Stars, stripes and support
BRIGHTON — Thanks to a group of artistic high school students, Brighton’s downtown now sports a large, colorful mural. Members of the Washington High School Art Club painted an American flag and the words to the Pledge of Allegiance on the Brighton Locker over the weekend.
Bill Donelson, the building’s owner, said he wanted something patriotic on his building to show his support for the armed forces since his son, Ross, is on active duty with the Iowa National Guard.
“The Pledge of Allegiance was my idea,” Donelson said. “I think everybody who lives here needs to know what the United States of America is all about.”
Six students painted the mural over two days, Saturday and Sunday. They spent about five hours each day on the project. On the east edge of the building they painted a wavy American flag 5 x 10 feet in size. Above the flag they wrote the words, “We Support Our Troops.” To the west of the flag they wrote the words to the Pledge of Allegiance in big letters, each about a foot tall.
Student artist Shelby Mineart, daughter of Henry Mineart and Rebecca Goeke, said she loved the idea of painting a patriotic mural, especially in her hometown and especially since her brother, Jaremy Schwarting, is in the Marines.
Cheyenne Gillette, daughter of Brenda and Justin Zaugg, said she hadn’t been in many extra-curriculars until this year, when she joined the Art Service Club.
“I wanted to do more stuff, and I thought this would be a great way to get involved,” she said.
Ruth Towner, daughter of Paul Towner and Lynette Iles, said she plans on moving away from the area after high school, but wanted to mark her mark before she left.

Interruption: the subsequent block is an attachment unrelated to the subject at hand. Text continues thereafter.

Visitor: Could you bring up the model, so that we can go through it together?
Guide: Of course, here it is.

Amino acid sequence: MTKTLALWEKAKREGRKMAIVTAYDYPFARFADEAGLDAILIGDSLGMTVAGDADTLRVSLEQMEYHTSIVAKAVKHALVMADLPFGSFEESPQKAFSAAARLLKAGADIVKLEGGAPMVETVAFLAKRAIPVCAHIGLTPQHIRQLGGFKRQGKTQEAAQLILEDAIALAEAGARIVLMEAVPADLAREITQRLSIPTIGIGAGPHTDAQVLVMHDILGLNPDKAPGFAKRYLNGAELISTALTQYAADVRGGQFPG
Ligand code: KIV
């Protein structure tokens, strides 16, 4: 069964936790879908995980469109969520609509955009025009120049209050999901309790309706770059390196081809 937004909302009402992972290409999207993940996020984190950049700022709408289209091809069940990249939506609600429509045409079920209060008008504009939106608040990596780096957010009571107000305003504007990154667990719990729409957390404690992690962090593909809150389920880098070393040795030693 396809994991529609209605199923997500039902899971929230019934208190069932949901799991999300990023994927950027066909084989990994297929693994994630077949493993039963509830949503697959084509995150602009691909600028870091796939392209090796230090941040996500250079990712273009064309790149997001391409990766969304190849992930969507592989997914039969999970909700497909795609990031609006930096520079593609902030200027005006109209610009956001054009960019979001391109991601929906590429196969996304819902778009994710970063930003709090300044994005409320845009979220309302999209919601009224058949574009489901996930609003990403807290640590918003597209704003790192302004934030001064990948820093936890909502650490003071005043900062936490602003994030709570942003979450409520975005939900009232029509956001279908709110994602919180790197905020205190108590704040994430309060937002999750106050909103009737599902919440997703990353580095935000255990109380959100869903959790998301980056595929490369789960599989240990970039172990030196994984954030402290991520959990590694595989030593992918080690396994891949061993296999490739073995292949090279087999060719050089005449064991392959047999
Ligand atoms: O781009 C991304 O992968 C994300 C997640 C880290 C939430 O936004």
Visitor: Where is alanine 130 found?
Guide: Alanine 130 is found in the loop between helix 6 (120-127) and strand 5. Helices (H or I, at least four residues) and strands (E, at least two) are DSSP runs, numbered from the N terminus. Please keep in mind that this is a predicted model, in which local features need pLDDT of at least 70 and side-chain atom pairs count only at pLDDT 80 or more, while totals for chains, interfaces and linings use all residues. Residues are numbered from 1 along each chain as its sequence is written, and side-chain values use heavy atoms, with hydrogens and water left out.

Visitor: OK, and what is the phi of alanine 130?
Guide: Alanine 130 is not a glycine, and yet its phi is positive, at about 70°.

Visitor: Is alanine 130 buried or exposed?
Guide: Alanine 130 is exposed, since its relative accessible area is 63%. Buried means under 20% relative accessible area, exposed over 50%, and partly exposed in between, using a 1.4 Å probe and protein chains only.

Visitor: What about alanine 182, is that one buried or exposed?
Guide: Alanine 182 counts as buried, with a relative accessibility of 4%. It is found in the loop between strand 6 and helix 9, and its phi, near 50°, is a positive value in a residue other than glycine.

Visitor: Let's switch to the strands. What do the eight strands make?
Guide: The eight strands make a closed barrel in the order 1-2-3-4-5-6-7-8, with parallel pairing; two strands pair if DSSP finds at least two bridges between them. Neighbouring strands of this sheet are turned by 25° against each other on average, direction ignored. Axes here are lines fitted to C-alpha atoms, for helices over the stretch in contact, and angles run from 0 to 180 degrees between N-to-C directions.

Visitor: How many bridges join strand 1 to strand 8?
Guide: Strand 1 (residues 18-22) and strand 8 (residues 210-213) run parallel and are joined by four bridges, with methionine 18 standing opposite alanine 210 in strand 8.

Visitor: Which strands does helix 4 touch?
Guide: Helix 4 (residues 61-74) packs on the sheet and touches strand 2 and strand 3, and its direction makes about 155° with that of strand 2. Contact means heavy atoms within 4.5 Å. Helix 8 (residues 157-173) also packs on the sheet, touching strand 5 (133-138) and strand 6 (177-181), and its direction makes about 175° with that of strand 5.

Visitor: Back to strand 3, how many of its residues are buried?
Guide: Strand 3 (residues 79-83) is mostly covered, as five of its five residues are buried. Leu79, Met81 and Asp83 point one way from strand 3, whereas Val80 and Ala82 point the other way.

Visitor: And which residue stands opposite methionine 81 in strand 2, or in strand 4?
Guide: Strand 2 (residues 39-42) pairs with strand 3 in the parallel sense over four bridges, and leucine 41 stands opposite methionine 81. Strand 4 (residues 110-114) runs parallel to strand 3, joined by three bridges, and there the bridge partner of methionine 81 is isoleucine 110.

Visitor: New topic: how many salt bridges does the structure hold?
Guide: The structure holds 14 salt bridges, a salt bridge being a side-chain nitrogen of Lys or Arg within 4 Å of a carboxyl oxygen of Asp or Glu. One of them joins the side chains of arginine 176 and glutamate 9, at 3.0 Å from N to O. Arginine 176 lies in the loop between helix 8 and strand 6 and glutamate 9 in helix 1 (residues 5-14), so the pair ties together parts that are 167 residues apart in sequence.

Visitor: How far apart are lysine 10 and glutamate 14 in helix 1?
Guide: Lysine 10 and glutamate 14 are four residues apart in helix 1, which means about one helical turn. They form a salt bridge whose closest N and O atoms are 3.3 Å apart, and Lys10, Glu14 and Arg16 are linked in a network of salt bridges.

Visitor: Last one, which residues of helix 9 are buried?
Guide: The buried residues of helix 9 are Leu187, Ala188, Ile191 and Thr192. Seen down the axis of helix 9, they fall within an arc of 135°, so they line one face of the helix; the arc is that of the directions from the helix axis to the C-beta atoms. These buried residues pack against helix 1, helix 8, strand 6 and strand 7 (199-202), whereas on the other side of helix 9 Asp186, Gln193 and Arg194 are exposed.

“I wanted to leave something behind,” she said.
Danijela Zivkovic, an exchange student from Serbia who’s staying with Dawn and Greg Schindler, showed the group how to paint a wavy flag. The students then used sidewalk chalk to draw the outline of the flag and the letters of the Pledge. The stars proved to be fairly difficult and the group ended up using a stencil cutout to paint them.
Donelson told one of his workers, Judy Augustine, that he’d like to spruce up his building. The building was just painted red with white trim over Labor Day weekend by Albert Wells. Donelson and Augustine liked the idea of painting a patriotic mural on the south side of the building which had been just a solid color brick wall.
Augustine contacted Washington High School art teacher Anne Pisarik to see if her students would like to paint a mural. Pisarik asked the members of the Art Service Club’s community service committee if they were interested in the idea, and luckily they were.
Pisarik said the students did everything on their own, from outlining the flag and the words on the wall to painting them.
“I’m trying to take a step back and help the kids run their own meetings,” she said. “They will take more of an initiative than they’ve done in the past. With regard to the flag mural, I passed [Judy’s] contact info to the students, and the next thing I knew they were scheduling to paint it. They did a great job.”
The students said that Bailey Cole, daughter of Tonya Cole and Joseph Hunt, was the “mastermind” behind the project and was responsible for getting the supplies.
Jiovanni Tapia, son of Rosa and Martin Tapia, said the Art Service Club is being run a little differently this year. The club is divided into committees, including the community service committee, which was responsible for painting the mural. He said this kind of public exposure will raise the profile of the Art Service Club. He painted the mural to honor his brother, Cesar Tapia, and cousin, Jovany Gomez, both of whom are in the military.
Augustine’s daughter, Pearl Lloyd, served in the National Guard for 21 years. Her late husband, Tim Lloyd, was a disabled veteran. She swelled with pride when she saw what the art students had done.
“It makes all the sacrifices I made worth it,” she said. “It’s very heartwarming.”